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Monday, August 17, 2015

Sri Lanka heads back to the ballot box Reconciliation, treatment of ethnic and religious minorities are key issues

Sri Lanka heads back to the ballot box

Reconciliation, treatment of ethnic and religious minorities are key issues

<p>A police officer stands guard outside a polling station in Colombo Aug. 17. (Photo by</p>

A police officer stands guard outside a polling station in Colombo Aug. 17. (Photo by

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Sri Lankans headed to the polls Aug. 17 for parliamentary elections that could have a major impact on the future of reconciliation in the often divided nation.

All eyes will be on the fortunes of Mahinda Rajapaksa, the country's divisive former leader who lost in Sri Lanka's January presidential election. However, Rajapaksa is now running for one of 225 seats in parliament, setting the scene for a political comeback just months after his defeat.

Rajapaksa is a controversial figure. In 2009, he presided over the defeat of Tamil guerrillas, putting a brutal end to a decades-long civil war. He remains popular among large sections of Sri Lanka's majority Sinhalese Buddhist community, but is generally distrusted by many Tamils and religious minorities.

Polls opened in the morning, with results not expected until Aug. 18.

Father Nandana Manathunga, a Catholic priest, said Sri Lankans were eager to exercise their democratic rights in this election.

"People vote against corruption, to give political rights to Tamil minorities and for true democracy in the country," Fr. Manathunga, director of human rights for Kandy Diocese, told after casting his vote Aug. 17.

People join a queue at a polling station in Mannar, in northern Sri Lanka, on Aug. 17. (Photo by


As president, Rajapaksa resisted calls for accountability for war crimes that took place during the civil war. In particular, a United Nations panel estimates that as many as 40,000 Tamil civilians were killed in the final stages of the war.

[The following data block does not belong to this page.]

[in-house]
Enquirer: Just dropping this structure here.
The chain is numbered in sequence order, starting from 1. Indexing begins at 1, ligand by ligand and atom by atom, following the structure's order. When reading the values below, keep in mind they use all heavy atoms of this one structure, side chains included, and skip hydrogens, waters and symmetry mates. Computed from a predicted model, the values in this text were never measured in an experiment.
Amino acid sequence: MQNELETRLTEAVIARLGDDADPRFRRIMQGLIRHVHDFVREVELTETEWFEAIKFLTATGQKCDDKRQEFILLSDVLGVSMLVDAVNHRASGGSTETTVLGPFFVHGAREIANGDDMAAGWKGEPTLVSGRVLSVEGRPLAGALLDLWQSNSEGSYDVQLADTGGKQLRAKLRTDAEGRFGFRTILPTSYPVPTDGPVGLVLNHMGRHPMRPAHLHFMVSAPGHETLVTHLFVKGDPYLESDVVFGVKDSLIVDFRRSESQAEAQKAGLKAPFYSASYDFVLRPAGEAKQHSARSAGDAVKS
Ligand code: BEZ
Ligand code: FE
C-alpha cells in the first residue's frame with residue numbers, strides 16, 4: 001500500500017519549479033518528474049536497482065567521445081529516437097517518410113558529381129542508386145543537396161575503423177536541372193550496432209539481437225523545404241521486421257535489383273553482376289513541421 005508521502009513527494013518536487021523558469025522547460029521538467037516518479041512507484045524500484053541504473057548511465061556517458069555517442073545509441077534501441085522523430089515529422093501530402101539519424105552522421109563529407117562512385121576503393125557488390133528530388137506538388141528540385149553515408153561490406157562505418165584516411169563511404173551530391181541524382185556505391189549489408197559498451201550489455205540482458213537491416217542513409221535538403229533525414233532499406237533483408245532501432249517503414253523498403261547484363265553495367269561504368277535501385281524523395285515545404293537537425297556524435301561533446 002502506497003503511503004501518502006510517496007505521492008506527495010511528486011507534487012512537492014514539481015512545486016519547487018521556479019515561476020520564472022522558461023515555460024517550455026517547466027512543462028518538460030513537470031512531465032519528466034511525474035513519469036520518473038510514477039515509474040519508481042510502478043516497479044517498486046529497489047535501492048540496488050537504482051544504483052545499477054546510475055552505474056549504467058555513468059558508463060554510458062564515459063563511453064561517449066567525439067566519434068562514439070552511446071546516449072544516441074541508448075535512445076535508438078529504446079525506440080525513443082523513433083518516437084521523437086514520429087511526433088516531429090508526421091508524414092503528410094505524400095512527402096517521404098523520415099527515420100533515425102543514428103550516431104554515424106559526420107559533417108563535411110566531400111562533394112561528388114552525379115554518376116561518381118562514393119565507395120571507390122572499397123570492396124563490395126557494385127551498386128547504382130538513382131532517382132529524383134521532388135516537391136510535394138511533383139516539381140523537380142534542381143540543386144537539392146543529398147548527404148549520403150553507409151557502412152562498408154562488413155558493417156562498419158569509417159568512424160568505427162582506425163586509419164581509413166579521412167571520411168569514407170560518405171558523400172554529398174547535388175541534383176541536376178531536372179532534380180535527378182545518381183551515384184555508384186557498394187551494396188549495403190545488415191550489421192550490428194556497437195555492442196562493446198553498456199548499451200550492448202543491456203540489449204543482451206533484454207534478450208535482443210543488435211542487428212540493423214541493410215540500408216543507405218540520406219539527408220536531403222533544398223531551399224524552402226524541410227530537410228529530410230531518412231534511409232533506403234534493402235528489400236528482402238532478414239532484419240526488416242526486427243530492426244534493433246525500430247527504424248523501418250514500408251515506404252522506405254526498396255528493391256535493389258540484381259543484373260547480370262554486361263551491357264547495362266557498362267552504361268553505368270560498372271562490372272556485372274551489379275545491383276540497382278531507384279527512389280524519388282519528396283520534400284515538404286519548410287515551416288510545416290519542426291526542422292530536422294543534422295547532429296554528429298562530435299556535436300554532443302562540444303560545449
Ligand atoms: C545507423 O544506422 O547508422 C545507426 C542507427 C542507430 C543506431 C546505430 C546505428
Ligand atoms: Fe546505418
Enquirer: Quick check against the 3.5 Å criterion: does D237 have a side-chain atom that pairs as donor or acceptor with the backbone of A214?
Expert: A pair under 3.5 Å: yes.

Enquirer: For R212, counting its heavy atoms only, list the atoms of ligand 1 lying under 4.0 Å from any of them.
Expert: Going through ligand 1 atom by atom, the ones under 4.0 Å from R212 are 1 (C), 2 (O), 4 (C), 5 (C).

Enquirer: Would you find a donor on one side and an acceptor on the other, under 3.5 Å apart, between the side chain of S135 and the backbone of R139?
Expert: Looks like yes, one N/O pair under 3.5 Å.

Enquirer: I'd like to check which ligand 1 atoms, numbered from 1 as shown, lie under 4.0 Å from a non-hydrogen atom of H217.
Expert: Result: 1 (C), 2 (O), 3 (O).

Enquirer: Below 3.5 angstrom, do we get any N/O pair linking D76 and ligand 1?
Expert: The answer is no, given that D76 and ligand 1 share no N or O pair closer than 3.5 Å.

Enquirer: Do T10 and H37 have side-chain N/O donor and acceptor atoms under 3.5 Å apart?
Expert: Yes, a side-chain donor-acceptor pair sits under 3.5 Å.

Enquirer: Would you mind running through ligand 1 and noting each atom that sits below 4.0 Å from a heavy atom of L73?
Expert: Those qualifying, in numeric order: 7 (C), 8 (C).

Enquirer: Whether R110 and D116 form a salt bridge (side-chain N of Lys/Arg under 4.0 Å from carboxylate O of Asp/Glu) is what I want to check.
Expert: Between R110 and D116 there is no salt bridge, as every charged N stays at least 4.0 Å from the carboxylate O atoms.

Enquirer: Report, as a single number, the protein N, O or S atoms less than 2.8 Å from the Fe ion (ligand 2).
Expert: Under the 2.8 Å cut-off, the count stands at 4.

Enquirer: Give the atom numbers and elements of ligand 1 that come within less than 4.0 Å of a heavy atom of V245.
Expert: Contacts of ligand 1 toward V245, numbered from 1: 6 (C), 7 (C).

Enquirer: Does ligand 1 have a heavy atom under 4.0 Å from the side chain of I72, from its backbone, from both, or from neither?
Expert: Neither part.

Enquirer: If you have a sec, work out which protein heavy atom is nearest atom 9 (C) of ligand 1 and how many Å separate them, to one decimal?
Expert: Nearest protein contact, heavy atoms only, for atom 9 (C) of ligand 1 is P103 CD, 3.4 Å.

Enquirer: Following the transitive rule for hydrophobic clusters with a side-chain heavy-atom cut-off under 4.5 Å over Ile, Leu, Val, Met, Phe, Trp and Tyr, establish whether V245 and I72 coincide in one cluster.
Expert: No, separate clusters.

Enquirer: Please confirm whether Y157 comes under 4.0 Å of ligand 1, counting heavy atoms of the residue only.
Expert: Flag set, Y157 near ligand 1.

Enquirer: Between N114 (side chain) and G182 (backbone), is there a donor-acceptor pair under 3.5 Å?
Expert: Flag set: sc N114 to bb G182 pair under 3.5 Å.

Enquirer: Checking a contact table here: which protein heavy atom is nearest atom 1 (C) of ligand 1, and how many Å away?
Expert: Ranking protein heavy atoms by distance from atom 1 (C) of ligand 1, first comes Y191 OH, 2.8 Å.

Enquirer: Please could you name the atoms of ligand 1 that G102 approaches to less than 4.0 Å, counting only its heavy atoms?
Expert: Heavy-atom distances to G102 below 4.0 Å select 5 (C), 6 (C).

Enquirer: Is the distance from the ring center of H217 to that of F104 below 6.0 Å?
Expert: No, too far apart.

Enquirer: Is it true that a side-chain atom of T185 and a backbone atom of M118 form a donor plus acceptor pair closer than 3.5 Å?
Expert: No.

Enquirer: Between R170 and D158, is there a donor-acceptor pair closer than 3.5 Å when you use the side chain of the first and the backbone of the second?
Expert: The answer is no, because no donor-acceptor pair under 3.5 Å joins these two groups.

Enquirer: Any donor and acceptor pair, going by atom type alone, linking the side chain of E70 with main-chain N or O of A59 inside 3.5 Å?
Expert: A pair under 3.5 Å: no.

The current president, Maithripala Sirisena, has vowed to make reconciliation a priority in his administration. However, observers say reforms have stalled in recent months.

This election, then, may offer a barometer on the reform process — and the popularity of former president Rajapaksa's Sinhalese Buddhist nationalist views.

"The … elections will test the continued appeal of the ex-president's hardline Sinhala nationalism and give a chance for the fresh start that lasting solutions to the country's social divisions require," the International Crisis Group said in a briefing Aug. 12.

Fr. Manathunga said reconciliation remains a vital issue in Sri Lanka.

"The Sinhalese majority has not understood the importance of reconciliation, but Catholics are very happy about the changes that happened in January," he said.

The chairman of the National Movement for a Just Society, Ven. Sobitha Thero, said the election is the beginning of an important journey for the country.

"Everybody should ensure a peaceful election," the monk said.

In an April report, the United Kingdom-based Christian Solidarity Worldwide warned of increasing rights violations since the end of the civil war. It drew particular attention to incidents of religious persecution, particularly against Muslim and Christian minorities.

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